BSR: Do you see yourself doing more of this experimental work in the future?
Brenda: I think I’m going to do more of those. They seem to be influenced by music, too, but mainly because I’m reading a lot of surrealist work. I’m writing a book on Eva Švankmajerová who was just an incredible surrealist writer from the Czech Republic; I’m reading a lot of her poetry and being tremendously influenced by that. Maybe that’s why she wanted me to do this book on her, because she’d read some of [my] short stories. Even though I wouldn’t consider myself a surrealist writer, I think some of the things I’ve been doing lately come closer to surrealism than anything else.
BSR: You split both novels into three parts. I’m curious whether that’s a reflection of how you’d approach any story of that length, or if it was a specific decision regarding the context of this story world.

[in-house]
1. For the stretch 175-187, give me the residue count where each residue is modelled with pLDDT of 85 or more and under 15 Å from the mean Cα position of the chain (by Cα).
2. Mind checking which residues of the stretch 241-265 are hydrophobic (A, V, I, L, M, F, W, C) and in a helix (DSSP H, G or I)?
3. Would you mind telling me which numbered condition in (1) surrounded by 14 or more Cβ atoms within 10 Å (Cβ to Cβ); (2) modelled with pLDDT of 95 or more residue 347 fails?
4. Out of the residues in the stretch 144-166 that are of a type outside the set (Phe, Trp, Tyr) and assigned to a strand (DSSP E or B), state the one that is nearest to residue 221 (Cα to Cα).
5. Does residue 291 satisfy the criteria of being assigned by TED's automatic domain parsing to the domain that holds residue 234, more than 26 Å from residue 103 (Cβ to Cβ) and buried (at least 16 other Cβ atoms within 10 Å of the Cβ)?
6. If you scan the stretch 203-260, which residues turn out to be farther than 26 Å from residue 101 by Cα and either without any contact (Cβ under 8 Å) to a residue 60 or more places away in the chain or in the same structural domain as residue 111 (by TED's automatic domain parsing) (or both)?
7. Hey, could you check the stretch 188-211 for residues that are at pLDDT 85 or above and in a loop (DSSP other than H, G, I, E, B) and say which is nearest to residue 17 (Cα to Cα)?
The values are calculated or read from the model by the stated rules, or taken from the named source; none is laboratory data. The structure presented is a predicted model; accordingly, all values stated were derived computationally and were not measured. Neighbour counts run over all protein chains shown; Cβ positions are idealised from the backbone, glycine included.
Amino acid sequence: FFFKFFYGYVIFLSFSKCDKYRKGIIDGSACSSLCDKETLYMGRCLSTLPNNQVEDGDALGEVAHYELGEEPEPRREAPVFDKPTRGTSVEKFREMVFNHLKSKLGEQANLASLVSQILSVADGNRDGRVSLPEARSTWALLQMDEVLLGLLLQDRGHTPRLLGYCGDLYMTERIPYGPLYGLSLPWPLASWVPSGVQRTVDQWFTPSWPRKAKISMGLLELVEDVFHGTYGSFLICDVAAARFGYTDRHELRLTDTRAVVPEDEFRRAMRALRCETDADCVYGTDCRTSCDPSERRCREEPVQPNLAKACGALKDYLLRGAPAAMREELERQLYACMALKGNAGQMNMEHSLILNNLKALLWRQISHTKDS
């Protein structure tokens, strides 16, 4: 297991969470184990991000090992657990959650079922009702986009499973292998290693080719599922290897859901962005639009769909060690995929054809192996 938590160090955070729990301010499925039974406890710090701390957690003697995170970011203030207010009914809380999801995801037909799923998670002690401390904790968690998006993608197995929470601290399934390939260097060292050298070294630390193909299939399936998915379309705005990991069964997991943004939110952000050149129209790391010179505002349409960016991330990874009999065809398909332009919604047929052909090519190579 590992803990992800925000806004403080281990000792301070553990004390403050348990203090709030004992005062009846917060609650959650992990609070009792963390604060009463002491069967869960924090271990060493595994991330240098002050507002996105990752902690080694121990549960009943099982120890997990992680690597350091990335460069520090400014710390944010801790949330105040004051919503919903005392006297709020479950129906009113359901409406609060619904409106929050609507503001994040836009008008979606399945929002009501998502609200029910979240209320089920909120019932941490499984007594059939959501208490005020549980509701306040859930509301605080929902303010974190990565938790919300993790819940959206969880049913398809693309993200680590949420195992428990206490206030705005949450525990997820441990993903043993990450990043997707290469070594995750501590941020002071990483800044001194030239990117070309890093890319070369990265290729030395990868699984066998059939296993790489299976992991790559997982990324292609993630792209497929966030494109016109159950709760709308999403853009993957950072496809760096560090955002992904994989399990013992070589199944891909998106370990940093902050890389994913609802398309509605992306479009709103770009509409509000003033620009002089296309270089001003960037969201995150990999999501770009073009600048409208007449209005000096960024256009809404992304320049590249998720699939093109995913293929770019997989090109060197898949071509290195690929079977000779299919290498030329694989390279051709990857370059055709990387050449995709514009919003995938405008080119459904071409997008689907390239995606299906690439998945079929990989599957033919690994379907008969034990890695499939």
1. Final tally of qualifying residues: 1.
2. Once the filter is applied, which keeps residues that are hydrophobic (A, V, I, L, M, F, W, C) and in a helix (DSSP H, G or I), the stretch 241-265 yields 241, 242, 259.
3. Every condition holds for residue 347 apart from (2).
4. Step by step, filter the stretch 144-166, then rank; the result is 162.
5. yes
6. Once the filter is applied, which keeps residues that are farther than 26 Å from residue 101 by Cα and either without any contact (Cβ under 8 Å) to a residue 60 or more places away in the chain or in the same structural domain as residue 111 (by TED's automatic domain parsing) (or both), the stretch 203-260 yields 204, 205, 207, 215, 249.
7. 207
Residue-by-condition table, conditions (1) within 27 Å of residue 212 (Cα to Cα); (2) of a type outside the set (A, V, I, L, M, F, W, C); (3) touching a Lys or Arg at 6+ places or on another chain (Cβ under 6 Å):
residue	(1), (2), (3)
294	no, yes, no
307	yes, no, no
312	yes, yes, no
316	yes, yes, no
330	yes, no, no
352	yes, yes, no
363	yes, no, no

Brenda: It has to do with time. Splitting them into parts takes care of a problem of time. When something happens. I find that, almost too conveniently, if I divide the text into three parts then almost without having to announce to the reader—the division in itself is an announcement that time has passed. It’s just a way of taking care of the passage of time, really. Stuff happens over a long period, but the novel has to be collapsed into a short period within the covers.
BSR: Do you have any other craft or composition-related ideas you’d like to talk about?